You may be wondering how your social calendar will alter if you decide to stop smoking but deem yourself as a socialite — with Nicotinell’s smoker profile quiz perfect for discovering if you are indeed a social smoker.
Fortunately, help is at hand. The following guide will set out how you can remain to be a socialite without having to smoke:

Are there links between alcohol and smoking?

Before we delve into how you can socialise while enjoying a smoke-free lifestyle, first we will explain the close link that is seen between drinking alcohol and smoking.
This is because government data has established that up to 90 per cent of people who find themselves addicted to alcohol also smoke. Furthermore, smokers have been found to be more likely to drink and have a 2.7 times greater risk of becoming dependent on alcohol than non-smokers do.
There’s also scientific links, in that alcohol and nicotine both act on common mechanisms found in the human brain. When it comes to nicotine, the chemical compound will enter the bloodstream as soon as you smoke a cigarette and rapidly get transported to your brain. Once there, the nicotine will stimulate the brain by creating receptors which release chemicals that give a feeling of pressure. These receptors will increase in number as smoking becomes prolonged and your brain will become reliant on nicotine in order to release these feel-good chemicals.
Within 72 hours of deciding to stop smoking, the nicotine supply found in your bloodstream will drop. Those receptors won’t disappear that quickly though, so your brain’s chemistry will react to cause powerful cravings and strong emotional reactions. Persistence is key, as nicotine receptors will go away with time and your brain chemistry should be back to normal within three months of a quit.
Researchers believe that alcohol fosters the feeling of pleasure as well. If true, this reinforces the effects of nicotine on the brain. There are suggestions that nicotine and alcohol will moderate each other’s effects on the brain due to the fact that nicotine stimulates while alcohol sedates.

How to socialise during your quit-smoking journey

Early on in your quit-smoking journey, you’re likely to be faced with a situation where you will be invited to socialise in a scenario where you would have previously had a cigarette. Here’s how to stick to your goals and still have a good time:

Choose a social get-together where there’s no smoking

Invite friends to your house instead of heading to a place where people are likely to be smoking. You can celebrate your smoke-free success with them. You’ll be able to control what is served too, which can help stop those triggers and completely avoid cigarettes in your smoke-free home.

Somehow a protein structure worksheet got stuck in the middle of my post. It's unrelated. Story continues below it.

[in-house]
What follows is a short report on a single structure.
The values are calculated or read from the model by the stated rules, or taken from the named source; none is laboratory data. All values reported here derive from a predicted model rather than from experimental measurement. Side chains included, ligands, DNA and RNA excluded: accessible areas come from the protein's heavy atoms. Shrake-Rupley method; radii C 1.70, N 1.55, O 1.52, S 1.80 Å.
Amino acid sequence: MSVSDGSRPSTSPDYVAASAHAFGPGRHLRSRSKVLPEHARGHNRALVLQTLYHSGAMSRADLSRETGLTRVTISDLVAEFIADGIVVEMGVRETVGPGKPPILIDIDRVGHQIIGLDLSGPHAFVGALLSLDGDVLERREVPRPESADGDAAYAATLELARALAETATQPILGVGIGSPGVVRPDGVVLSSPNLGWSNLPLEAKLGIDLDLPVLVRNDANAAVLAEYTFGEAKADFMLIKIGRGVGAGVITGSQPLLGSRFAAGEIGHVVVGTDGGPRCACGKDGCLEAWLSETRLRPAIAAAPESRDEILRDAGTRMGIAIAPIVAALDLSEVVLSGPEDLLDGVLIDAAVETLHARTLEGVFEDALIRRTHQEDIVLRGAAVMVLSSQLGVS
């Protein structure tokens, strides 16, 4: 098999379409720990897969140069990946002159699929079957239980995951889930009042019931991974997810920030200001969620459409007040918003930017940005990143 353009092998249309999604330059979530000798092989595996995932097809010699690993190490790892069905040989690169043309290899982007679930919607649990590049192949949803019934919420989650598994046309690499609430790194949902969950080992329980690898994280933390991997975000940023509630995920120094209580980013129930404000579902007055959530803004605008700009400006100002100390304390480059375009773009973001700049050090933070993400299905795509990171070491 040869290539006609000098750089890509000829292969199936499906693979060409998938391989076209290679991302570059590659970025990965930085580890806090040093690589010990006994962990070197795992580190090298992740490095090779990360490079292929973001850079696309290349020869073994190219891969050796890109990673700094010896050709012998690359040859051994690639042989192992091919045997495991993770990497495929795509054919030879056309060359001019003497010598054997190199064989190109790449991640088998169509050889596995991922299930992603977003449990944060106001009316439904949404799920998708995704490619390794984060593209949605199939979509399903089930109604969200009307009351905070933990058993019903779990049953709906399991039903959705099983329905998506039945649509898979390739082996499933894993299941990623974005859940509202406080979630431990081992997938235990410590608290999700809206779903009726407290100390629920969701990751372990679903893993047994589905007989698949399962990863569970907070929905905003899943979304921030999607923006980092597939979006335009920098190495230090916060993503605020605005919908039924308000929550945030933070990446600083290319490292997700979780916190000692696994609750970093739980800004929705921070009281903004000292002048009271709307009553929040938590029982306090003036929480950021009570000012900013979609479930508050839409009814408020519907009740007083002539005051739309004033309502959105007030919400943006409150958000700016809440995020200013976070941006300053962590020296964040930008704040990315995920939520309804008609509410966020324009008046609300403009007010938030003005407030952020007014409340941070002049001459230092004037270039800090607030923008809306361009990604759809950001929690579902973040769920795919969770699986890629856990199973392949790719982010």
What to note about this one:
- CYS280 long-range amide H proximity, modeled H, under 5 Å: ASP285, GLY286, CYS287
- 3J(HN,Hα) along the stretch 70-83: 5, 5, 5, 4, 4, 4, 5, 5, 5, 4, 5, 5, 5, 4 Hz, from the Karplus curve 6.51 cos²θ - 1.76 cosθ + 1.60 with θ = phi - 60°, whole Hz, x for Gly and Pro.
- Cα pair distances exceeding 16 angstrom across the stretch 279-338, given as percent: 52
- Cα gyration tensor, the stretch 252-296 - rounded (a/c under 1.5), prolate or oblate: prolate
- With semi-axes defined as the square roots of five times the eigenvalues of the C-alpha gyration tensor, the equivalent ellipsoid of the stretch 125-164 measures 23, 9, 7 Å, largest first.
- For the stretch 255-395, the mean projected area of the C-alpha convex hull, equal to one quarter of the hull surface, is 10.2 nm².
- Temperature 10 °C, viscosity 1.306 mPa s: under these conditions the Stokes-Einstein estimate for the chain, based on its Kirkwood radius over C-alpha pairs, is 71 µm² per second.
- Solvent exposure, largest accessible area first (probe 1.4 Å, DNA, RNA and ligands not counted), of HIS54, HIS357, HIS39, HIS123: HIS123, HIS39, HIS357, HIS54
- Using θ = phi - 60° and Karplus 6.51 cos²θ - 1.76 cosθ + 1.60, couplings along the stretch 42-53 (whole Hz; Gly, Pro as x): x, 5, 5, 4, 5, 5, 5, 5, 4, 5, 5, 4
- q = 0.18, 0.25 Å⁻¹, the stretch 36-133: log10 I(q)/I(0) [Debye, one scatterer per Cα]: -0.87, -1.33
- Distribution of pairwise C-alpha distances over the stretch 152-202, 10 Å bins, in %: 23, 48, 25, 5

Bring a quit buddy along to your social events

No matter if it’s a friend or family member, a quit buddy will be a great person to have join you at whatever social event you’re heading along to. A quit buddy is someone who supports your quit. Should you encounter old smoking friends who ask you to join them, make sure they are aware of your situation so they can be respectful. Not only that, you’ll also have your quit buddy to hang out with.

Hang out with non-smokers

You’ll receive plenty of help from non-smokers and friends who are keen to support your decision to quit smoking. Who you choose to hang out with can help support your ex-smoking status. Slip-ups can occur when quitters are in the company of other smokers who may not be aware of how to support their quit attempt.

Give yourself a pep talk

Smoking cravings may be trigged as you head out for a drink. Before leaving the house or in the car, be mentally prepared by saying aloud, “I’m a former smoker.” Or try, “I don’t smoke. I’m healthier and happier without cigarettes.” The main point is to remind yourself that you’re a former smoker and that you don’t need to light up anymore.

Don’t delay socialising

Just because you’re having doubts, that shouldn’t give you the excuse to cancel social plans. Everything you did as a smoker, you can do as a former smoker. Holding off too long from social drinking after quitting can create a sense of intimidation. Plus, socialising with friends is an important part of your life. The sooner you teach yourself how to enjoy a drink or two without a cigarette, the sooner you’ll feel like your life is back to normal.